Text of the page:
Try Not To Breathe

May 24, 2007

I can never hear “Try Not To Breathe” without remembering one of my friends from high school explain to me that he wasn’t allowed to have his tape of Automatic For The People during his stay in a mental institution because the doctors believed the song would encourage thoughts of suicide. I’m not even sure if they actually listened to it — they may have just been going on the title — but even if they had, they probably had a good point. The lyrics are very morbid, and its character welcomes death with a clarity of mind that is simultaneously comforting and startling. If there was ever a song that could serve to rationalize suicidal thoughts, it’s “Try Not To Breathe.” It’s enough to make me wonder if Michael Stipe felt compelled to write “Everybody Hurts” if just to provide a crucial counterpoint to this track.

There are two versions of “Try Not To Breathe.” The album recording is mostly acoustic and feels rather airy in spite of a fairly complicated arrangement that allows for several subtle textural shifts. The band reworked the song significantly for the Monster tour, transforming it into a towering stadium rock number mainly by streamlining its arrangement and transposing its central, winding instrumental hook into a seemingly gigantic distorted guitar riff. That version certainly had its merits, but the lyrics make much more sense with the more peaceful accompaniment of the studio recording.

John Paul Jones‘ string arrangement for “The Sidewinder Sleeps Tonite” may be surplus to the needs of a tune already bursting with peppy hooks, but his additional melodies do absolutely nothing to spoil the composition. It’s a big decadent ice cream sundae of a pop song, and Jones’ elegant score is essentially the cherry on top. His arrangement is not lacking in boldness, but the most brilliant bit — the gently plucked pizzicato part that accompanies the final verse — is so subtle that I did not notice it was even there until after I’d known the song for over a decade.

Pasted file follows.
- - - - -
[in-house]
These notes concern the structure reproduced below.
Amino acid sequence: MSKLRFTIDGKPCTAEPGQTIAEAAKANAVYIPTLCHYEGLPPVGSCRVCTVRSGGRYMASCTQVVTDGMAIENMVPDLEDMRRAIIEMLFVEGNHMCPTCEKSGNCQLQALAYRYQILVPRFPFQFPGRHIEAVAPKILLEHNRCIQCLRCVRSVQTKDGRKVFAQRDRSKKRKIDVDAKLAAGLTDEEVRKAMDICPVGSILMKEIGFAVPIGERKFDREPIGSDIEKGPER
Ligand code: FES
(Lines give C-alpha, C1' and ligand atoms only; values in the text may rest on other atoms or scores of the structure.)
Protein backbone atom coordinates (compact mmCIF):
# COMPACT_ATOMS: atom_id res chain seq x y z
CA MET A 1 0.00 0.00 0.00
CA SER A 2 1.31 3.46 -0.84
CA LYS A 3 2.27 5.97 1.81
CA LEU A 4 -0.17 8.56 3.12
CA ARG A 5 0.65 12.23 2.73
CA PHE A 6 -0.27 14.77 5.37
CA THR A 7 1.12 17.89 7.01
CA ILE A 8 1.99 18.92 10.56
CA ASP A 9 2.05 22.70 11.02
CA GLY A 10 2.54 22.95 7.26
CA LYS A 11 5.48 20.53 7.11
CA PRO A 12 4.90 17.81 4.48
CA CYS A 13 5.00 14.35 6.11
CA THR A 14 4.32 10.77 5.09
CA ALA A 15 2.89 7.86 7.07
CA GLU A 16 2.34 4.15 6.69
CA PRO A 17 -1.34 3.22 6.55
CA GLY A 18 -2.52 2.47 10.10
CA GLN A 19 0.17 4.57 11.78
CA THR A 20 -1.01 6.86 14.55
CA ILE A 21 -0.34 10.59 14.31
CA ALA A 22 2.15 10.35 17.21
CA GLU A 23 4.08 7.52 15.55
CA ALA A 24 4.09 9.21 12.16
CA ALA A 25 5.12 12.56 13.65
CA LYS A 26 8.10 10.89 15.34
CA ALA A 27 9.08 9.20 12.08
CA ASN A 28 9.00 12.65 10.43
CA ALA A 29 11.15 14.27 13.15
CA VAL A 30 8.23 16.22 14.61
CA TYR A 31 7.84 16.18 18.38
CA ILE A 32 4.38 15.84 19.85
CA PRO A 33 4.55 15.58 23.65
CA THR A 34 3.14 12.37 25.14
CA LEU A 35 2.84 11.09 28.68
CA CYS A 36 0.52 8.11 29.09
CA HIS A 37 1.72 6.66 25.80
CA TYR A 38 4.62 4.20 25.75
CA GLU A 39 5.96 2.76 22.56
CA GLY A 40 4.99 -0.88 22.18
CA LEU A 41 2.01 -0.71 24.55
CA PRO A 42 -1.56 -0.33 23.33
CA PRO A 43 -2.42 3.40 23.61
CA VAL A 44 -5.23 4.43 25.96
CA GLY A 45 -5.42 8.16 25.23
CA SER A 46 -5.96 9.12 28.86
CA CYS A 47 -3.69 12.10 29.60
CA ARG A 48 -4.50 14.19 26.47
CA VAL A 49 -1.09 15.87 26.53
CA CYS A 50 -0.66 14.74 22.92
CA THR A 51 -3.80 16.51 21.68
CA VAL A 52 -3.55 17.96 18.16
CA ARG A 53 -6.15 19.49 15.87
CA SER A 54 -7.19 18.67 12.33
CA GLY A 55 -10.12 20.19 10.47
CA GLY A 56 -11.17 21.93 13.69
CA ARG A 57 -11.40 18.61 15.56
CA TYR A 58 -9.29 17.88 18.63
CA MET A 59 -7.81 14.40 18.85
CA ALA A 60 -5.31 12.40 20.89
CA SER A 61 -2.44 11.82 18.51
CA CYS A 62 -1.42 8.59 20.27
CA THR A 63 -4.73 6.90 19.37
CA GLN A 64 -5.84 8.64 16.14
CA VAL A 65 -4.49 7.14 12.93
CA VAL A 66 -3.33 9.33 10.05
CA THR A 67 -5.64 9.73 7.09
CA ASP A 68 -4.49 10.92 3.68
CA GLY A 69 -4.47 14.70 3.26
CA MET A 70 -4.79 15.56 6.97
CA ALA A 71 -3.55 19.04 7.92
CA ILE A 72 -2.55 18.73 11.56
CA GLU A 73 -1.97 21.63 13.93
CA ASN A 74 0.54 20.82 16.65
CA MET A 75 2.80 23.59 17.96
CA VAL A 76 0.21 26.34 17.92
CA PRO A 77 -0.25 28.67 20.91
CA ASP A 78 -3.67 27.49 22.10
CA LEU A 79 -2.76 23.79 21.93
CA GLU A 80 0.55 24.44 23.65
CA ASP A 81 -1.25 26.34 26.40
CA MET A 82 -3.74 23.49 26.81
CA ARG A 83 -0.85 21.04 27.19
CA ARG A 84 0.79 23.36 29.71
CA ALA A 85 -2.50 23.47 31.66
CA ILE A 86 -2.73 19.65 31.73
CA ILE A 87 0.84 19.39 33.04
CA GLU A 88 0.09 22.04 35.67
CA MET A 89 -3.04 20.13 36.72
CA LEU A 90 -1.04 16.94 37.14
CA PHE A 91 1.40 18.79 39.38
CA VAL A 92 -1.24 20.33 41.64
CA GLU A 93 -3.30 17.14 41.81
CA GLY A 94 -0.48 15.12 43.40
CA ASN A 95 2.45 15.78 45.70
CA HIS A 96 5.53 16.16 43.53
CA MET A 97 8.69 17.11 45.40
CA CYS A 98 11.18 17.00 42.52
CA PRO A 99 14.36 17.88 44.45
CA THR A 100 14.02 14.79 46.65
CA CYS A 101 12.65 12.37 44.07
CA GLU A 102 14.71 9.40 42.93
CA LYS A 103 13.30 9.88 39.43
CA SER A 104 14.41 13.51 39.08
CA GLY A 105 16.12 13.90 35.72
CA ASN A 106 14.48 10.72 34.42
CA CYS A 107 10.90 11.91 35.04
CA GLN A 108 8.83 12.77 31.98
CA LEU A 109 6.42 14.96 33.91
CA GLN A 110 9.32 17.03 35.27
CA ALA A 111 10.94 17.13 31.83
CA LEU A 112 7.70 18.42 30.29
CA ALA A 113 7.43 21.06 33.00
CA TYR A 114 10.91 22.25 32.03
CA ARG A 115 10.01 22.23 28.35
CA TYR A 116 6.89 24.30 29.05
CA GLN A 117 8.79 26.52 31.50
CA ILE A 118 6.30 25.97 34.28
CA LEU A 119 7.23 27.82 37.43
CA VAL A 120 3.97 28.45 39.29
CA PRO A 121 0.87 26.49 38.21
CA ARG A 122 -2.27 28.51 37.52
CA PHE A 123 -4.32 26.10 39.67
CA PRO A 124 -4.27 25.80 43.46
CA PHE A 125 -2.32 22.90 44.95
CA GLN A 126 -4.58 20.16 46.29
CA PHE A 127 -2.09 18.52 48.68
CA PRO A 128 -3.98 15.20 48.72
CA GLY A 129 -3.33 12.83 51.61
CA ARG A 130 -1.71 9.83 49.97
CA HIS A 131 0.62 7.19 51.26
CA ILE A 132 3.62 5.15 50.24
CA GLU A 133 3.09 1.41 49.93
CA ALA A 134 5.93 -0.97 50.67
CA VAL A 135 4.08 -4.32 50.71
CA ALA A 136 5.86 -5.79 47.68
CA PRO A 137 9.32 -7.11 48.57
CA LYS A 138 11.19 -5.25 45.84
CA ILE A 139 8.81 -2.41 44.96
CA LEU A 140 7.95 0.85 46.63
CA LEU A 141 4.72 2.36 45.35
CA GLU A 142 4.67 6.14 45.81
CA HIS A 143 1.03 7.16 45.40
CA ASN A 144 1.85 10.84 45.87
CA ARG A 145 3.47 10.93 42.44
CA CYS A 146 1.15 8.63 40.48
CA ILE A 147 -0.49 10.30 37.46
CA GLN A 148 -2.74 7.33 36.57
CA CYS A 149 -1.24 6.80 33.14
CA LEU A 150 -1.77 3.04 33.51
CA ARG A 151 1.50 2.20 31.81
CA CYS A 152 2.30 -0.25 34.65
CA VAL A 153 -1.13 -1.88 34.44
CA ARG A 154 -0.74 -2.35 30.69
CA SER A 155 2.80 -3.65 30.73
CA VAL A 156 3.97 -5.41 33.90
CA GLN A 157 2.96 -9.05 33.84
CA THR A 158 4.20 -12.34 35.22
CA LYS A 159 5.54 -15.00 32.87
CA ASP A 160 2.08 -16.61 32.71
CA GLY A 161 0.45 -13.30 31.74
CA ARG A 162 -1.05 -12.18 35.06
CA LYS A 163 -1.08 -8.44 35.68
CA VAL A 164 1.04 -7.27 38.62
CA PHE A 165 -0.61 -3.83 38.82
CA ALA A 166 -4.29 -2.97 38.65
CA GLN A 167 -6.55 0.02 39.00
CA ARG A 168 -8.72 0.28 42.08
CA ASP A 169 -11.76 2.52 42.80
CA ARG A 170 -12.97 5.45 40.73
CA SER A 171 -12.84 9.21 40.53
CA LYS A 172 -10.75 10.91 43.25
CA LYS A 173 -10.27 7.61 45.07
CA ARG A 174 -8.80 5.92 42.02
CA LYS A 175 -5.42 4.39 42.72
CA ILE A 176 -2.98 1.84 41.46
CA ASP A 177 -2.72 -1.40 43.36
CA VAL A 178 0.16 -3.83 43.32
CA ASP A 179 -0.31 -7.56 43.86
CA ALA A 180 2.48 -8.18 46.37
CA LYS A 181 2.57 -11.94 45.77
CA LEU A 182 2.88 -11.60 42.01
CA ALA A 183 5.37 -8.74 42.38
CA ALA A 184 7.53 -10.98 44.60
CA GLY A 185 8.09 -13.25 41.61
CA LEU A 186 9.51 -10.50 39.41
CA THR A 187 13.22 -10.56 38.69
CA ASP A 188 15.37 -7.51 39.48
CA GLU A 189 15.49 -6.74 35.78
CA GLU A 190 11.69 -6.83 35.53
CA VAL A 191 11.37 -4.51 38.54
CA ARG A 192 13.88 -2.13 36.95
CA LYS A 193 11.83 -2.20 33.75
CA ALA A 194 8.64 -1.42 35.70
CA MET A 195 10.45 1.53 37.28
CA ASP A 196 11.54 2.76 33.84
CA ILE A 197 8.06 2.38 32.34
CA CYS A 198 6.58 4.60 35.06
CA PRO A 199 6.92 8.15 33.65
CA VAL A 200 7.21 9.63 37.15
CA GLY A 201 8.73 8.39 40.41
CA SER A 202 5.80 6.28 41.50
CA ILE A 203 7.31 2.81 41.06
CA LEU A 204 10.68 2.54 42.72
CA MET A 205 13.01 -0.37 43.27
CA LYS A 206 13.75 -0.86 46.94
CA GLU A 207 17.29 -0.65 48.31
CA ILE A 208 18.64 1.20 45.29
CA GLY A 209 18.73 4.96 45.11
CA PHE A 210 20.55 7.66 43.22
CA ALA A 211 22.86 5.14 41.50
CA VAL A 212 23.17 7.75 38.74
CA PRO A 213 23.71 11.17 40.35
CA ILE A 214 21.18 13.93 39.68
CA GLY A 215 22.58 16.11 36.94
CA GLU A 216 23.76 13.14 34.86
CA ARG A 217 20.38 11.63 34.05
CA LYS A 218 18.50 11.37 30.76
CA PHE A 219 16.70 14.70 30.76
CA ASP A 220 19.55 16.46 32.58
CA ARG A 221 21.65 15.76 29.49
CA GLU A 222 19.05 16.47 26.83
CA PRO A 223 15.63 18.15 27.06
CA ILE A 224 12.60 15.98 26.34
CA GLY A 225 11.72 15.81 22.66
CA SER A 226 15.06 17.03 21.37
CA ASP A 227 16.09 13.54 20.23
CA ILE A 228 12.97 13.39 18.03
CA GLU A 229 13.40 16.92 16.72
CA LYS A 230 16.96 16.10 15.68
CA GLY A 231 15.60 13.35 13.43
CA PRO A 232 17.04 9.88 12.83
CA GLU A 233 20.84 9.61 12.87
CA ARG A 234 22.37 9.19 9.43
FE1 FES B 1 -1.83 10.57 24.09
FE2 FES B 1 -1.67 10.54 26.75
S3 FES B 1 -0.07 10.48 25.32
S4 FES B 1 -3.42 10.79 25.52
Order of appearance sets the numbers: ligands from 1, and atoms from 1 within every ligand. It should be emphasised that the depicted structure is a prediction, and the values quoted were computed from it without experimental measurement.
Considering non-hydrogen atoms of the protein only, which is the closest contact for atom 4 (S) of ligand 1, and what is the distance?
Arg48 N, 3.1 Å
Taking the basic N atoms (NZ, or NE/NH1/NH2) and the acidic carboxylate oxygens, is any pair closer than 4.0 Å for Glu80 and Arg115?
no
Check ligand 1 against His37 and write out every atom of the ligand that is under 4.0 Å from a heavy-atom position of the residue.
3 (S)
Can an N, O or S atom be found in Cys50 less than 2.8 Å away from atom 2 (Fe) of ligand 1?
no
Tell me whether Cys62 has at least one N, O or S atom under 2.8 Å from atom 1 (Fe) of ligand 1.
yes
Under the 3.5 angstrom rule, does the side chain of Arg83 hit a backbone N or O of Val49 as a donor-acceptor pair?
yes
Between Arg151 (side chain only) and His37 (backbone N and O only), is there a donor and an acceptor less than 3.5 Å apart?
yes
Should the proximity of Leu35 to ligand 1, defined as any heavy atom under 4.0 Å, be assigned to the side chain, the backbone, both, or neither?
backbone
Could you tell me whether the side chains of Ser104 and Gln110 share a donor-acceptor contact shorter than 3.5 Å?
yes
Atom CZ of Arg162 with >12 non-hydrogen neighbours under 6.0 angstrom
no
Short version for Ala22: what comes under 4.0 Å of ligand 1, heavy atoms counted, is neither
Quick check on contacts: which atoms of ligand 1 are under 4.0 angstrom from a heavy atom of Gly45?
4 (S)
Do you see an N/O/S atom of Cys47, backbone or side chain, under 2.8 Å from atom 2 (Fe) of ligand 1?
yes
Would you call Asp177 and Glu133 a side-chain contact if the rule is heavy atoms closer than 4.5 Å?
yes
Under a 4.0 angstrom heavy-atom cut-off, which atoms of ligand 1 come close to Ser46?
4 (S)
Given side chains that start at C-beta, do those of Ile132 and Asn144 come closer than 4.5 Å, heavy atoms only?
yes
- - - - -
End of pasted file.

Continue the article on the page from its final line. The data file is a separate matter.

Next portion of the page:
“The Sidewinder Sleeps Tonite” is a much-needed oasis of joy and levity on an otherwise dour album. Michael Stipe’s voice is especially ideal for the song, to the point that it’s impossible to imagine anyone else singing it with anywhere near as much boyish enthusiasm and silly charm. His giggle following the line “a reading from Dr. Suess” easily ranks among the most endearing moments on any R.E.M. record, and his quasi-brogue on the chorus has a weird, mystifying allure even if it makes the words sound a lot more like “call me da chowder baker” than “call me when you try to wake her.” It’s a great thing for the song — the easily misheard lyric is just one more novel hook for a pop tune that’s doing everything it can to earn your love without seeming particularly needy.

Sweetness Follows

April 6, 2007